Global deals to reach $30 billion again: JLLH

Despite continuing economic uncertainty, Jones Lang LaSalle Hotels forecasts that global hotel transaction volume in 2012 will match 2011 levels at upwards of US$30 billion, according to its Hotel Investment Outlook 2012 report.

“So far, the dislocation in the financial markets has not impacted underlying trading fundamentals. This has reassured investors to a certain degree and has underscored the attractiveness of high quality, income producing hotel real estate as an asset class,” said Arthur de Haast, chairman of Jones Lang LaSalle Hotels. “Constraint will be driven by illiquid markets and the shrinking balance sheet capacity of international banks to lend significant sources of new money. Still, the market will be flush with equity capital that will come into play.”

De Haast said private equity players increased investment activity in the second half of 2011, and he expects them to remain ambitious in 2012. “With significant buying power and risk tolerance in a volatile environment, they are in position to achieve opportunistic returns,” de Haast said. “Notwithstanding, deficient debt markets and limited availability of attractive acquisition opportunities will likely hamper higher levels of activity. Still, these players will selectively acquire assets in secondary locations, as well as distressed portfolios and non-performing loans.”

Joining the buyer mix are sovereign wealth funds and private high net worth individuals who will take a long-term view and make strategic acquisitions globally. Public companies, notably REITs, are expected to focus on existing stable acquisitions rather than new ones, consequently diluting the buyer pool.

The biggest sellers in 2012 are likely to be bank-induced, as a result of debt maturities and consequent refinancing challenges. In addition to the influx of assets expected to come to market, a significant amount of note sales are anticipated as well. Private equity firms and institutional investors are also expected to liquidate some previous acquisitions, either to divest select non-core assets or to return capital to investors as funds reach maturity.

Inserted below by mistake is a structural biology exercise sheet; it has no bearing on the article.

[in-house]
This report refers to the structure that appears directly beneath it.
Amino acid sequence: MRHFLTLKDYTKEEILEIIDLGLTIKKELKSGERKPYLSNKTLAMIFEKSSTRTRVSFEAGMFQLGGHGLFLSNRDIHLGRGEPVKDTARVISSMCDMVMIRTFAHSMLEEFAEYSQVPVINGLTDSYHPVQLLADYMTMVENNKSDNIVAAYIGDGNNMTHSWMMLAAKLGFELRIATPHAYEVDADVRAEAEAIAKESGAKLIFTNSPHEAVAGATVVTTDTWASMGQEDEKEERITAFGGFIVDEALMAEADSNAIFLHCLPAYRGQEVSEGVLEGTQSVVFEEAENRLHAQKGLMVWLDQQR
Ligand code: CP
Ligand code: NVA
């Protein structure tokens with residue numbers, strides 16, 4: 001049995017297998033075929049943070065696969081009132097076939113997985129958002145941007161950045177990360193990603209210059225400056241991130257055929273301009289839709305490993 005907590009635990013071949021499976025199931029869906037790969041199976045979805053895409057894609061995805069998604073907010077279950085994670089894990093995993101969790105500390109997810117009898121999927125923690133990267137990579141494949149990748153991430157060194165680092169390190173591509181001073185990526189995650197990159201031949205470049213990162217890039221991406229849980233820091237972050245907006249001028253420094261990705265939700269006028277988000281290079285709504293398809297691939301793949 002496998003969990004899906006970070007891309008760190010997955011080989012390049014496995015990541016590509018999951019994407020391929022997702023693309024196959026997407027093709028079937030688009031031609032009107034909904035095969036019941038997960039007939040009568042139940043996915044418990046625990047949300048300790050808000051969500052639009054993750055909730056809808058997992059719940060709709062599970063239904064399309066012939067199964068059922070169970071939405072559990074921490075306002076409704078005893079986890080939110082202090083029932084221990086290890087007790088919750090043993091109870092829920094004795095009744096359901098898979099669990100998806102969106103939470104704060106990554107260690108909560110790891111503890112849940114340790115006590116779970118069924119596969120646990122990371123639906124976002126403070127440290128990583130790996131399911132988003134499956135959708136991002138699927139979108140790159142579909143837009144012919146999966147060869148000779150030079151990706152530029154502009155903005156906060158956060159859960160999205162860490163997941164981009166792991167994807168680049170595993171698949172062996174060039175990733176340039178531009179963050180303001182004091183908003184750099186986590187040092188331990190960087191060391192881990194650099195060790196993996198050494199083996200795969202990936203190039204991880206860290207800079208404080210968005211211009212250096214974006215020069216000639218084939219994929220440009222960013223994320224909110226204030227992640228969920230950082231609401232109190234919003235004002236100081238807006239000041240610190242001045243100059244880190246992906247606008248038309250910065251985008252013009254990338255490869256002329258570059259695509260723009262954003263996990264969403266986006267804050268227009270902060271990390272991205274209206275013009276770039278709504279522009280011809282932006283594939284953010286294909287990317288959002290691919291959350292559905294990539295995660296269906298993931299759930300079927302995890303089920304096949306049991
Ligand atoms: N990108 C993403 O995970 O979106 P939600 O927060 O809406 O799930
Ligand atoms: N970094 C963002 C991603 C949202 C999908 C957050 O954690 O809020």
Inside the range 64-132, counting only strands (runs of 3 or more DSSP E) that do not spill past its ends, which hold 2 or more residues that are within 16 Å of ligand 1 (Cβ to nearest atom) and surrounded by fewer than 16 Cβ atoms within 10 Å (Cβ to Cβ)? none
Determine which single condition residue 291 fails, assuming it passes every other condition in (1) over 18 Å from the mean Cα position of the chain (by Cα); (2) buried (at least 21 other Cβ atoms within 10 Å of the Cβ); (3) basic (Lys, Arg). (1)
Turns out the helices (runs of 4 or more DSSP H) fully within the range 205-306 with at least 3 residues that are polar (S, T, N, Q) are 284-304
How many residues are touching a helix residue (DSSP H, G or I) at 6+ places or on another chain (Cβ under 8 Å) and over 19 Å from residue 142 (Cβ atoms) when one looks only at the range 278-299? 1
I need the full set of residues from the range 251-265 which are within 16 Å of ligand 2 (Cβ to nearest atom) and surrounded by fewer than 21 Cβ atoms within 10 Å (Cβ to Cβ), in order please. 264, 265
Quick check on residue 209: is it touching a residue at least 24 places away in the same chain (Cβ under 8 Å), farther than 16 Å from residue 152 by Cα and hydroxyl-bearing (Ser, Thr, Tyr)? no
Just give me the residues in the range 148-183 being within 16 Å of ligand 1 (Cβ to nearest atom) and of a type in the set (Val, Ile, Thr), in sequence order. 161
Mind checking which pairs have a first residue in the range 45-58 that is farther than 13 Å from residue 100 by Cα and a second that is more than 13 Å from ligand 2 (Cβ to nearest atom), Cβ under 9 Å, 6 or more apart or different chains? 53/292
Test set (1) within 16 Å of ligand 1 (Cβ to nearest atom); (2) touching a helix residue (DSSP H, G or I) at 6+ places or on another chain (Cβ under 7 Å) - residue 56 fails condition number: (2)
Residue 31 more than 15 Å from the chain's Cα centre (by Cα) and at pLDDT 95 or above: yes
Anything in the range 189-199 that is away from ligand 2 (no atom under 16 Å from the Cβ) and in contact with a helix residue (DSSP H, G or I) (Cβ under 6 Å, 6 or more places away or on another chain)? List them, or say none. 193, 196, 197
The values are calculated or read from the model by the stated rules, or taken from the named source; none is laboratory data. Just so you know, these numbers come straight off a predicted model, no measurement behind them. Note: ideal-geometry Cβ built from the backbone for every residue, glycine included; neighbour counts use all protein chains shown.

In the United Kingdom, the U.S. and Ireland, institutions with significant real estate exposure have started to place stressed assets into the market, although activity has yet to start in Spain and Japan. Borrowers in Spain have more control over administration processes, as opposed to the U.K. and Ireland, creating reduced certainty for the banks and stemming greater levels of workout activity. Lenders in Japan are still reluctant to realize losses on hotel loans, which is causing delays in sales transactions.

“We expect that portfolio deals will dominate in several of these markets as banks, whenever they have a large portfolio, prefer to look for a portfolio solution to exit as opposed to selling assets individually,” de Haast said.

Emerging markets remain the global growth engine, greatly driven by rising domestic demand. Fundamentals continue to point to further growth in 2012.  Although growth in China and India is slowing both have good momentum, activity is building in Central and Eastern Europe, notably Poland, Russia’s activity jumped up, and South America continues to excite investors, with Brazil as the region’s growth engine.

“Flexibility is a key theme for 2012, and the ability to react to change quickly will feature as a success indicator. Unexpected events, such as political unrest and natural disasters seem to have become “the new normal” and success will be predicated by investors and operators who can calculate risk and adapt the quickest,” de Haast said.